Inside Your Banker’s Head

Companies are starting to figure out how their banks make money. Banks actually like that.

Some banks just can’t take a hint. When a large apparel maker renewed its multibank credit facility a few months ago, the company’s treasurer also saw it as an easy way to trim its outsized group of 13 banks. Only three years earlier, several bankers had complained bitterly that the apparel maker’s business wasn’t meeting their hurdle rates. Given today’s tight spreads, thought the treasurer, surely those getting next to none of the company’s other business would simply walk away rather than continue lending.

But, alas, even the banks getting bupkis wouldn’t budge. With nary a word about losing money, they all signed on.

Welcome to the loose end of the credit cycle. But beware. Bankers obviously expect something in return for the favorable five-year backup credit lines they’ve been handing out lately. And when the credit cycle turns tight, complaints about hurdle rates will again make life awkward for companies that try to maintain access to credit through a diverse bank group. Such discussions have strained personal banking relationships in the past, yet they’ve also increased corporate awareness about the way banks calculate their returns. Going forward, companies that adopt this sort of quantitative analysis for themselves may find that it not only supplements traditional relationships, but strengthens them. Indeed, banks are surprisingly willing to help CFOs build models that can distinguish between legitimate gripes and sales pitches.

RAROC and a Hard Place

Some 20 years ago, Bankers Trust Co. first began using a risk-adjusted return on capital — or RAROC — model to evaluate the profitability of a transaction given the risk profiles of its commercial borrowers and the resulting return on the bank’s capital. Today, such return models have become all but ubiquitous in the banking industry. So accepted are they that regulators are in the process of allowing banks to determine for themselves how much regulatory capital they must set aside for each transaction (see “Basel Faulty?“).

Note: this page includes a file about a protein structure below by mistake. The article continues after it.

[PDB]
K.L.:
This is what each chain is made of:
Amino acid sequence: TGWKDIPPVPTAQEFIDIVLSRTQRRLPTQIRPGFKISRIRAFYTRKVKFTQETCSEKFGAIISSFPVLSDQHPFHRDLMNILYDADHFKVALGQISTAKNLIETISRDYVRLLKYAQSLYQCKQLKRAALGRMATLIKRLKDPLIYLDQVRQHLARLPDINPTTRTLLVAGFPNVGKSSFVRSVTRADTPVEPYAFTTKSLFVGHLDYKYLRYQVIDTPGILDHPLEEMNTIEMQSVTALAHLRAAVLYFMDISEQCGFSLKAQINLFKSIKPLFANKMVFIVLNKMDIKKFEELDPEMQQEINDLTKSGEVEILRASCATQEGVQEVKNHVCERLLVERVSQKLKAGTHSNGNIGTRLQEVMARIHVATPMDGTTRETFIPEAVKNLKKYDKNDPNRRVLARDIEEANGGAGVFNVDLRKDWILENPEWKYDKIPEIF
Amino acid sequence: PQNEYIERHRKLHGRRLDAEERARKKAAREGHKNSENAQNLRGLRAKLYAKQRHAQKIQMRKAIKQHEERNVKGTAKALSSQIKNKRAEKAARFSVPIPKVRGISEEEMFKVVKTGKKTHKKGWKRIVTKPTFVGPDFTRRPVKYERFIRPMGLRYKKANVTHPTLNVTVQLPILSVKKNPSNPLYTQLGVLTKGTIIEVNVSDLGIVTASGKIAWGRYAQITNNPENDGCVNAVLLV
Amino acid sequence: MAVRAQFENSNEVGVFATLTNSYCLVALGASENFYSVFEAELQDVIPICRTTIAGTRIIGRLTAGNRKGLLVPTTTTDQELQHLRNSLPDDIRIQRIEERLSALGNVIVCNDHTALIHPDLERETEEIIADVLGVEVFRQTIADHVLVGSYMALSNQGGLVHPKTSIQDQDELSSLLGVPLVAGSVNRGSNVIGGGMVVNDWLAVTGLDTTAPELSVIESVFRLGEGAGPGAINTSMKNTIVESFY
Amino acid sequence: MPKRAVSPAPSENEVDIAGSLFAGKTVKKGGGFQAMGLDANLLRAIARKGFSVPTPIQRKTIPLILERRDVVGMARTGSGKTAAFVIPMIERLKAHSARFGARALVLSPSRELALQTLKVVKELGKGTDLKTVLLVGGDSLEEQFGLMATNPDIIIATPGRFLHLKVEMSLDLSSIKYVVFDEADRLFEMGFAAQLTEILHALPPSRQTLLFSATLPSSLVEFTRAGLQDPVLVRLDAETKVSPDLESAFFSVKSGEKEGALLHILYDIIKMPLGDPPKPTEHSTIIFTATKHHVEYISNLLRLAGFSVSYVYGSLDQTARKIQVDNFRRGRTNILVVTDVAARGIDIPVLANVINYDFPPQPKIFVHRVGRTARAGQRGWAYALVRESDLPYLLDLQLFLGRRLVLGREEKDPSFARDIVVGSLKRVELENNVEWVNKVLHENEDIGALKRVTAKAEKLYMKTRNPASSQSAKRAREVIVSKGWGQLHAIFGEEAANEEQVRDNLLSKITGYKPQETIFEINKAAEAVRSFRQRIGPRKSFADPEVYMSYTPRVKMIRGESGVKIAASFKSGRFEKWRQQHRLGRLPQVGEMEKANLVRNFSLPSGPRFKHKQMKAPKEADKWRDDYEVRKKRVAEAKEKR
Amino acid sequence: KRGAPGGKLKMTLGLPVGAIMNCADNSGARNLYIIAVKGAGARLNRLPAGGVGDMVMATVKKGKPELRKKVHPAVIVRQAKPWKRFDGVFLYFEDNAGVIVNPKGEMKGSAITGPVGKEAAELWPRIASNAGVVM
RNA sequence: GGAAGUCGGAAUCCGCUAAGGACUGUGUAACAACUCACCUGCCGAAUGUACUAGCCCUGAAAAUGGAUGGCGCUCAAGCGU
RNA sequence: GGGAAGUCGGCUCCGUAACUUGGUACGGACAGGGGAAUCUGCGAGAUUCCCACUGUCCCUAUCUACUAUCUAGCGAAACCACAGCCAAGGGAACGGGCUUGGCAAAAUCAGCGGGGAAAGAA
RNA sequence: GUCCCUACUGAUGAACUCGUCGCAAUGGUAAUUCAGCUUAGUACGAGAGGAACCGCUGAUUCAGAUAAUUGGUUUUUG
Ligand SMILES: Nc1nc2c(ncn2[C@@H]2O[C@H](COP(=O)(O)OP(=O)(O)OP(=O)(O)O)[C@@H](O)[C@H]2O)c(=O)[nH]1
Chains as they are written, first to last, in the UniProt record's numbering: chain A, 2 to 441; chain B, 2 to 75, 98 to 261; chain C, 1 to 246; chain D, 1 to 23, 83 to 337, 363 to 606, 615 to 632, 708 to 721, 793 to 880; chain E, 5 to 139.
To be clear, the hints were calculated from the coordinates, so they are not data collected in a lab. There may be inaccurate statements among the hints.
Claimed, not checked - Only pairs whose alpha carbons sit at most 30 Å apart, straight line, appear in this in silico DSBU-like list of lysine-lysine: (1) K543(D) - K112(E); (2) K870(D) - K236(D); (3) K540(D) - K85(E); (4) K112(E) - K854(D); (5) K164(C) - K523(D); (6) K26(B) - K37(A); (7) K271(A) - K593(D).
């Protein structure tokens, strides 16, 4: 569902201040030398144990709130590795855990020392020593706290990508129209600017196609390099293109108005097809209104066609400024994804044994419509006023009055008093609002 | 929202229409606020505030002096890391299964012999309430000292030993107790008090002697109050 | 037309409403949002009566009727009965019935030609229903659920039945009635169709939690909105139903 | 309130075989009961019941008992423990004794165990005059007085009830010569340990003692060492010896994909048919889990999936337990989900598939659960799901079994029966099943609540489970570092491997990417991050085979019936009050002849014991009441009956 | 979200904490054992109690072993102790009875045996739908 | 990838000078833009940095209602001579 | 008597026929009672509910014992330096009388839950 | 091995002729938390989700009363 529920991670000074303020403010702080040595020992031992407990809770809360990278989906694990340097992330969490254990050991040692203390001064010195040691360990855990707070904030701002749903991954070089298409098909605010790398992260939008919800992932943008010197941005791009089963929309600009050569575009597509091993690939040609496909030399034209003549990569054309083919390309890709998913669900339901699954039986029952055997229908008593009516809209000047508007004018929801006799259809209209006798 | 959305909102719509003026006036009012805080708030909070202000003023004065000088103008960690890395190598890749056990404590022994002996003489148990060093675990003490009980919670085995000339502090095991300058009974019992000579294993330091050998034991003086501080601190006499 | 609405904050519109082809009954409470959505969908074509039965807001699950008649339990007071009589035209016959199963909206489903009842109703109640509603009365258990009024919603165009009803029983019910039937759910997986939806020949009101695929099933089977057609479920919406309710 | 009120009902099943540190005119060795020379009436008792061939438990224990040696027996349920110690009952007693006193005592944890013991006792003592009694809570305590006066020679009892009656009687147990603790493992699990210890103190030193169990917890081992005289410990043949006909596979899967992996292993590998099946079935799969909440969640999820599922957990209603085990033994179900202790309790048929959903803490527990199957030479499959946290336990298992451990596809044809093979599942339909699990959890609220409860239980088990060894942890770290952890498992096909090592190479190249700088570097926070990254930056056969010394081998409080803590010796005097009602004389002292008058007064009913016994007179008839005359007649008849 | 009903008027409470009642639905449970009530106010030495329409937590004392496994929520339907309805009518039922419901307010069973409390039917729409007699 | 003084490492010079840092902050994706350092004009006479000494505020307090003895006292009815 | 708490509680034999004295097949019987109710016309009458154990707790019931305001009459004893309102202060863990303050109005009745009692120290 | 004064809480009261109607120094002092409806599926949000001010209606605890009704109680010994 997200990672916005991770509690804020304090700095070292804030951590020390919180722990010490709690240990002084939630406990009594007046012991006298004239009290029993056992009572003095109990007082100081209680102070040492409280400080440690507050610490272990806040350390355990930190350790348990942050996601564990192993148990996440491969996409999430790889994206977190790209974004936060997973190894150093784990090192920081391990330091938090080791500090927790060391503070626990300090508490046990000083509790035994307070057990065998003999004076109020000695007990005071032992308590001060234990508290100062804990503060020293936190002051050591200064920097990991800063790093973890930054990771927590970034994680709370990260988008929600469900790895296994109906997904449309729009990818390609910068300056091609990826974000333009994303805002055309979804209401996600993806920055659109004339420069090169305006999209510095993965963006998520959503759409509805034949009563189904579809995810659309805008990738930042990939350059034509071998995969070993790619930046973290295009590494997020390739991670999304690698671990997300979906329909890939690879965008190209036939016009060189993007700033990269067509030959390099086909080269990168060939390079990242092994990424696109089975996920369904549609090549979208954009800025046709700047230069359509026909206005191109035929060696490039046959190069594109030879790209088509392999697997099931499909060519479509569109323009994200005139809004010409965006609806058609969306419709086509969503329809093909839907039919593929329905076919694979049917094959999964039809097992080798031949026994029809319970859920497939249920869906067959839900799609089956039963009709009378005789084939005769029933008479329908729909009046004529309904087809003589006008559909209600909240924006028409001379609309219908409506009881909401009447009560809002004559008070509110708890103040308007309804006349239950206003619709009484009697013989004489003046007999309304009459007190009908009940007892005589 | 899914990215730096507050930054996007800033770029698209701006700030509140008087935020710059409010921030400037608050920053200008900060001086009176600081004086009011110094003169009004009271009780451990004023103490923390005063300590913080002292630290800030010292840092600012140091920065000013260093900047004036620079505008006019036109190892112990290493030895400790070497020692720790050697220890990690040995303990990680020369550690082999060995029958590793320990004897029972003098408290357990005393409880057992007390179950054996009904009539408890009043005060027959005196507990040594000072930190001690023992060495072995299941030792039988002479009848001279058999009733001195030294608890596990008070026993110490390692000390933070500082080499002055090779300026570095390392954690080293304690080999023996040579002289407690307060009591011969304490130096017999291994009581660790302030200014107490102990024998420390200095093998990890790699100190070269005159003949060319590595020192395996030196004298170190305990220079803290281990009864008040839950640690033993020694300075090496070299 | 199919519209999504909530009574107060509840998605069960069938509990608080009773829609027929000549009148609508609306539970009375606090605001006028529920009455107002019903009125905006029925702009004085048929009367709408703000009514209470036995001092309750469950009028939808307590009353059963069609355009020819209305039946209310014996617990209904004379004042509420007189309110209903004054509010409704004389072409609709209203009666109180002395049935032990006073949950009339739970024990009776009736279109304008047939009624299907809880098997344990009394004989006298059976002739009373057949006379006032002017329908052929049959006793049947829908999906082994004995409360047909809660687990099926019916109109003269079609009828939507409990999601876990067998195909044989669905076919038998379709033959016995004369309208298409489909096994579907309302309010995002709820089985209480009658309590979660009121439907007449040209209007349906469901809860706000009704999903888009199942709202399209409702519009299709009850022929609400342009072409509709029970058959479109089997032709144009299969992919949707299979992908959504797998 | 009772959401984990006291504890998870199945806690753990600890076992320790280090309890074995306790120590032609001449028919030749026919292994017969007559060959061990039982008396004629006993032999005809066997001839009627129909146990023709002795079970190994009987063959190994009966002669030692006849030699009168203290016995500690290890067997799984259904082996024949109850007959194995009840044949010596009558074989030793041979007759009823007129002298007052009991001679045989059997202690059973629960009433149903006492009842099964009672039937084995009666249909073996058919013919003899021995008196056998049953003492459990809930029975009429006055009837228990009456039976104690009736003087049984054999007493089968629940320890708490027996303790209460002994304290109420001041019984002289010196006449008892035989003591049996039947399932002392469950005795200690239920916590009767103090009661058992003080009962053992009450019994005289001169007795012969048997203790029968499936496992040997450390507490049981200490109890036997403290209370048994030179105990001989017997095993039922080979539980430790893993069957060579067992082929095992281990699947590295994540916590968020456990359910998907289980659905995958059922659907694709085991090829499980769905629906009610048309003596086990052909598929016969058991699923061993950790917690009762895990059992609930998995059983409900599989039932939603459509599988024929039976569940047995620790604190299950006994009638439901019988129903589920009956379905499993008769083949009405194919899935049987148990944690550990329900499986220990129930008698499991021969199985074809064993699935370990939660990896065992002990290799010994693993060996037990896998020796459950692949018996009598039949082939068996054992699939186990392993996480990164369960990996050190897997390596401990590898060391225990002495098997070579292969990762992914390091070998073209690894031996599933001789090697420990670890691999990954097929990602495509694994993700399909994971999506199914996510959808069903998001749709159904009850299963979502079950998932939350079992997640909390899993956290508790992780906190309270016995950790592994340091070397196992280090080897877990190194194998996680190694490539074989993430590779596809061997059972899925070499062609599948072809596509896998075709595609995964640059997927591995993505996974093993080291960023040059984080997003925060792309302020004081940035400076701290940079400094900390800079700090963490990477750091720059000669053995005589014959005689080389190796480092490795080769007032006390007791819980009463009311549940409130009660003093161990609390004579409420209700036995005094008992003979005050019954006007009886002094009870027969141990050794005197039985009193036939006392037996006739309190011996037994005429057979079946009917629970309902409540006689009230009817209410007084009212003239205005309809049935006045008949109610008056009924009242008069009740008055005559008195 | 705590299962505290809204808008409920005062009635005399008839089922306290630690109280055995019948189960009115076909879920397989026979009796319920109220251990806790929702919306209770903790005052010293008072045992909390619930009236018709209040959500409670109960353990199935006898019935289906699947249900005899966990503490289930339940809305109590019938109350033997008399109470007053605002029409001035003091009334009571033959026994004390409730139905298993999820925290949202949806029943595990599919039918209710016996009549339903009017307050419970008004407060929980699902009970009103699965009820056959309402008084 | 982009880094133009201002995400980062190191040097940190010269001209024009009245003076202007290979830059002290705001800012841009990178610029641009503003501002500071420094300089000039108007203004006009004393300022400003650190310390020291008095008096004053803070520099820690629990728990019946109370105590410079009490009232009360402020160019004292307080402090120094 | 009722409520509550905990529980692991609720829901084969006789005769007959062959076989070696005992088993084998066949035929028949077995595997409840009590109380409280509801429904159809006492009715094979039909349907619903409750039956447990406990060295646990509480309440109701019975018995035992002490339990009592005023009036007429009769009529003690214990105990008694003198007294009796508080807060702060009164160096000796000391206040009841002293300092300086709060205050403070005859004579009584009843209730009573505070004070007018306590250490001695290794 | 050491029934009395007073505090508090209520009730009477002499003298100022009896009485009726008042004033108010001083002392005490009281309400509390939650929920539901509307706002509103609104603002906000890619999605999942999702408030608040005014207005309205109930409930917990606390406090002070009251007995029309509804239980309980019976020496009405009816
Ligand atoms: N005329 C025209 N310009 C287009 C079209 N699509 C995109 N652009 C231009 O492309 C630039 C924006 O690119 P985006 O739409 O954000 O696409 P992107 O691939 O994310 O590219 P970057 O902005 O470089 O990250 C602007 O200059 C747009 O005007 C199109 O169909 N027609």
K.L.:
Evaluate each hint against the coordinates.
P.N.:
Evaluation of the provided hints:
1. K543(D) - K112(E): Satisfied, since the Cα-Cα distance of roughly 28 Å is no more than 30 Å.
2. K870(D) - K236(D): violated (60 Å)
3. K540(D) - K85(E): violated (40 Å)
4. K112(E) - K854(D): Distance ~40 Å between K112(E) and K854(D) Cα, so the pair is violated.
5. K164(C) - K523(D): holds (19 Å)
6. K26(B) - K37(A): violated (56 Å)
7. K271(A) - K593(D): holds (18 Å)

For many corporate customers, however, RAROC has a bad reputation. Most first heard the term used as a cudgel, with bankers telling them that they weren’t profitable customers and then pressing for other business in exchange for credit.

“Most banks began to internalize the idea that large corporate lending is unprofitable about five years ago,” says Nick Studer, head of the North American corporate and institutional banking practice at Mercer Oliver Wyman. The 1999 repeal of the Glass-Steagall Act, which had formerly separated investment and commercial banking, was quickly followed by flame-outs in the M&A market, the IPO market, and the last generous credit cycle. “It’s these last five years that made bankers realize that cross-selling is not a luxury, it’s a necessity,” says Studer.

But handled clumsily, particularly by the investment banking arms of newly formed universal banks, cross-selling irked many corporate customers. Indeed, in the past few years, the Association for Financial Professionals has been surveying its members about such practices, strongly hinting that they might constitute illegal tying. “Cross-selling is what retail bankers do well,” notes Studer. “On the investment banking side, honestly, it’s not something they do well. It’s boring, and not as sexy as chasing deals.”

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